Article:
Power, Resistance and Women Politicians in Cambodia: Discourses of Emancipation.
|Article Type:||Book review|
|Subject:||Books (Book reviews)|
|Publication:||Name: Journal of International Women's Studies Publisher: Bridgewater State College Audience: Academic; General Format: Magazine/Journal Subject: Sociology and social work; Women's issues/gender studies Copyright: COPYRIGHT 2009 Bridgewater State College ISSN: 1539-8706|
|Issue:||Date: Oct, 2009 Source Volume: 11 Source Issue: 2|
|Topic:||NamedWork: Power, Resistance and Women Politicians in Cambodia: Discourses of Emancipation (Nonfiction work)|
|Persons:||Reviewee: Lilja, Mona|
Power, Resistance and Women Politicians in Cambodia: Discourses of
Emancipation. Mona Lilja. 2008. Denmark: NIAS Press. 214 pp. (Includes
Endnotes, Bibliography, and Index). $70 (Hardcover).
Mona Lilja's book, Power, Resistance and Women Politicians in Cambodia: Discourses of Emancipation, examines the challenges that women politicians in Cambodia face in their daily political lives. In Cambodia, men are naturalized as politicians and women are seen as fulfilling men's needs and ambitions, even when they join politics. Cambodia's history of violence has shaped popular perceptions about women's political lives. Women are believed to be in constant need of protection and are not perceived as political leaders. Under these circumstances, Lilja claims that individual women politicians' "speech acts" become very important for understanding women's subjectivities and agency.
The book helps us understand the careful negotiations that women politicians and NGO workers have been making in Cambodia over the last two decades. Lilja is deeply interested in the deconstructive possibilities of individual women's "speech acts." The speech acts make possible the enactment of new subjectivities, which are the foundations of what she calls "discursive resistance." Lilja defines resistance "as everyday occurrences that characterize the speech of women" (2). Resistance occurs through "speakings," which for her are "individual interviews and the notions and different representations expressed in those interviews--of Cambodian women politicians" (4).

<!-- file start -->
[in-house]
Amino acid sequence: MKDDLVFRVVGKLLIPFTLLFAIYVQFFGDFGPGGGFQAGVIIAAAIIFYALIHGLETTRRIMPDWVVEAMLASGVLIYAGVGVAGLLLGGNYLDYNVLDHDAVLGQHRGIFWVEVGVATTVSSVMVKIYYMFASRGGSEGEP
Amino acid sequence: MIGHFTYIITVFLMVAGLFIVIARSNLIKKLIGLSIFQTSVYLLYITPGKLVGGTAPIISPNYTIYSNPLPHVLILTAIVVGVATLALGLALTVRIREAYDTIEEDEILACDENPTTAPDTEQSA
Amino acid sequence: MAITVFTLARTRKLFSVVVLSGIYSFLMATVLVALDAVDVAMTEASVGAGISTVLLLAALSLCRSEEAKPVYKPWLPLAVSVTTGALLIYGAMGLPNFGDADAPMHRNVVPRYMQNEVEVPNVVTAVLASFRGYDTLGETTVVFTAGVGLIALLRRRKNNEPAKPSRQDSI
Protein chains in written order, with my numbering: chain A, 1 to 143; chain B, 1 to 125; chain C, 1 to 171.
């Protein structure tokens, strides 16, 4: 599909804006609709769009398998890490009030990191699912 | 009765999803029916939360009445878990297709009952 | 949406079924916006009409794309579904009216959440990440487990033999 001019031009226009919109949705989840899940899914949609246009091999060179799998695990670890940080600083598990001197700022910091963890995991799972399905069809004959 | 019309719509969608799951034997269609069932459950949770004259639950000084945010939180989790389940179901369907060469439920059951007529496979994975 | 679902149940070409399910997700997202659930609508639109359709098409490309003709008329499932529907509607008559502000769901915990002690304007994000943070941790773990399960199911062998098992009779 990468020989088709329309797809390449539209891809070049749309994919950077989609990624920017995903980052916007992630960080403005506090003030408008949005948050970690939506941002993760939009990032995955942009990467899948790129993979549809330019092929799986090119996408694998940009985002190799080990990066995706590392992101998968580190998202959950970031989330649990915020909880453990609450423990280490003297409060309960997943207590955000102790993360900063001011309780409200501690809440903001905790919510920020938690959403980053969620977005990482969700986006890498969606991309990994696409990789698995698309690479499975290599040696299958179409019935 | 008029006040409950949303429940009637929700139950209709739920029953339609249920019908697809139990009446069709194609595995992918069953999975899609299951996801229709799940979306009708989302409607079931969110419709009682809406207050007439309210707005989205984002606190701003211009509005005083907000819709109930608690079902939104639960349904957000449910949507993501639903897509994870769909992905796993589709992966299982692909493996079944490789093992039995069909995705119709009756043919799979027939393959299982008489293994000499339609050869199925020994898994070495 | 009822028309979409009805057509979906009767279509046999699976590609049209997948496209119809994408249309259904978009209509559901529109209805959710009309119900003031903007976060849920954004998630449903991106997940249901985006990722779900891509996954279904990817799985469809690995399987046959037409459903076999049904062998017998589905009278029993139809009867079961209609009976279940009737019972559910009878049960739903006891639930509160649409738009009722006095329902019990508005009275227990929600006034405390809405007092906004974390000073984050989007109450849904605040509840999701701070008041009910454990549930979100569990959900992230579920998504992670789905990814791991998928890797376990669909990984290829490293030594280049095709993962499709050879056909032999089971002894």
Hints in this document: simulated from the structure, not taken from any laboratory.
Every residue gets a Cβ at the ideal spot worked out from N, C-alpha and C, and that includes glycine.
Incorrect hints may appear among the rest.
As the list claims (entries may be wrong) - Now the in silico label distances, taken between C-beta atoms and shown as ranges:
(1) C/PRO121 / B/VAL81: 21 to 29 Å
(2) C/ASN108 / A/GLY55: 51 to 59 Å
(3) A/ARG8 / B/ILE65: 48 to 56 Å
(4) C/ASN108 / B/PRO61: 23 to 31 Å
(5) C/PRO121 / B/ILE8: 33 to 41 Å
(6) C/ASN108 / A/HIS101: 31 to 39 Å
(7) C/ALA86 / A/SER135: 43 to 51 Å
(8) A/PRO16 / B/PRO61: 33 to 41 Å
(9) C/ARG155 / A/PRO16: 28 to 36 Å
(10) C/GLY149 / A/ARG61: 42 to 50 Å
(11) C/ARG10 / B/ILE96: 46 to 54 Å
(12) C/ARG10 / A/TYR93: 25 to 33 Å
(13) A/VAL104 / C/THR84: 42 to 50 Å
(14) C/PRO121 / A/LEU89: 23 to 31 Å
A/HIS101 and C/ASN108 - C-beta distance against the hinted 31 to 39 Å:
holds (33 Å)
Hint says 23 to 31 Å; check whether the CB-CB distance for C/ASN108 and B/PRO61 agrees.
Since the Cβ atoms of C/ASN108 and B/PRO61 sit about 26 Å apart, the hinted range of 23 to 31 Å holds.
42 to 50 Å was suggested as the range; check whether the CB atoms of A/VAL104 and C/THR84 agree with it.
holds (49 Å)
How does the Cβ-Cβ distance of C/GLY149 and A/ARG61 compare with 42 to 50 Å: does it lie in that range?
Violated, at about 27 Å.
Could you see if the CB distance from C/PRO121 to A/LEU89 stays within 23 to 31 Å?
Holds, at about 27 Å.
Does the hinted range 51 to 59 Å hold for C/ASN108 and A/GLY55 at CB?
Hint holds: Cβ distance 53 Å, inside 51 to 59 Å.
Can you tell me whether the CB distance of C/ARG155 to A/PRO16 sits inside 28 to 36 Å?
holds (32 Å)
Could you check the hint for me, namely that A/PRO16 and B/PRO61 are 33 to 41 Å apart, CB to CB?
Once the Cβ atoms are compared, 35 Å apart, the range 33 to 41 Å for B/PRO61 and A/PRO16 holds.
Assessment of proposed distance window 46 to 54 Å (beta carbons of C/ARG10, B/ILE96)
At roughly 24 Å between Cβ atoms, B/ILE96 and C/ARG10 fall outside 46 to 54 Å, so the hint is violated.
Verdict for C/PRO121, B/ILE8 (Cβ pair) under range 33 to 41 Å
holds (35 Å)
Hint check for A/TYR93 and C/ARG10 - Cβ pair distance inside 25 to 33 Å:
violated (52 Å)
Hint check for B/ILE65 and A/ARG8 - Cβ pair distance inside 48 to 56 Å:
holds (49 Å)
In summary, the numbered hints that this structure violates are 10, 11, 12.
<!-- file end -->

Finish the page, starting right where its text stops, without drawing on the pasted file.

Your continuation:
Lilja makes a methodological contribution by using the theoretical framework of deconstruction to analyze non-literary text, in this case "speech acts." She writes, "Reading about deconstruction, I found that there are different researchers promoting different strategies of deconstruction. Most of them, though, seem to be about how to deconstruct novels more than speech-acts" (13). Further, in Lilja's research and analysis, deconstruction occurs on two levels. Firstly, she as a researcher is engaged in deconstructing the speech-acts and creatively reinterpreting the transformative possibilities of individual women's speech acts. Secondly, her research subjects are engaged in deconstructing dominant discursive formations which tend to marginalize women politicians. Women's deconstruction of popular negative stereotypes about their capabilities takes various forms, but most notably repetitive deconstruction, using the irony of stereotypical images of politicians. However, women also use silence and denial. For Lilja, women's resisting practices are equal to deconstruction in that they are always "sliding and multiple, and ... involve[s] both conscious and unconscious strategy" (14). Women thus produce "hybrid truths" (113), which destabilize the popular image of them as needing protection.
Lilja uses Judith Butler's theory of performativity to demonstrate how discursive truths are both upheld and deconstructed in women's speech acts. She also uses Gayatri Spivak's concept of "catachresis" to see how Cambodian women politicians creatively misuse popular ideas. For example, one way some women NGO workers tried to create change was by redefining and expanding the popular repertoire of what counts as "politics" and what being a politician means. As one of Lilja's informants argues:
Women NGO workers in Cambodia, through these speech acts, raise awareness about the importance of their work for society and define it as politics, thus unmooring it from the standard notion that joining a political party is the only way to do meaningful politics. For women NGO workers, development work emerges as a key way to redefine their political roles in society.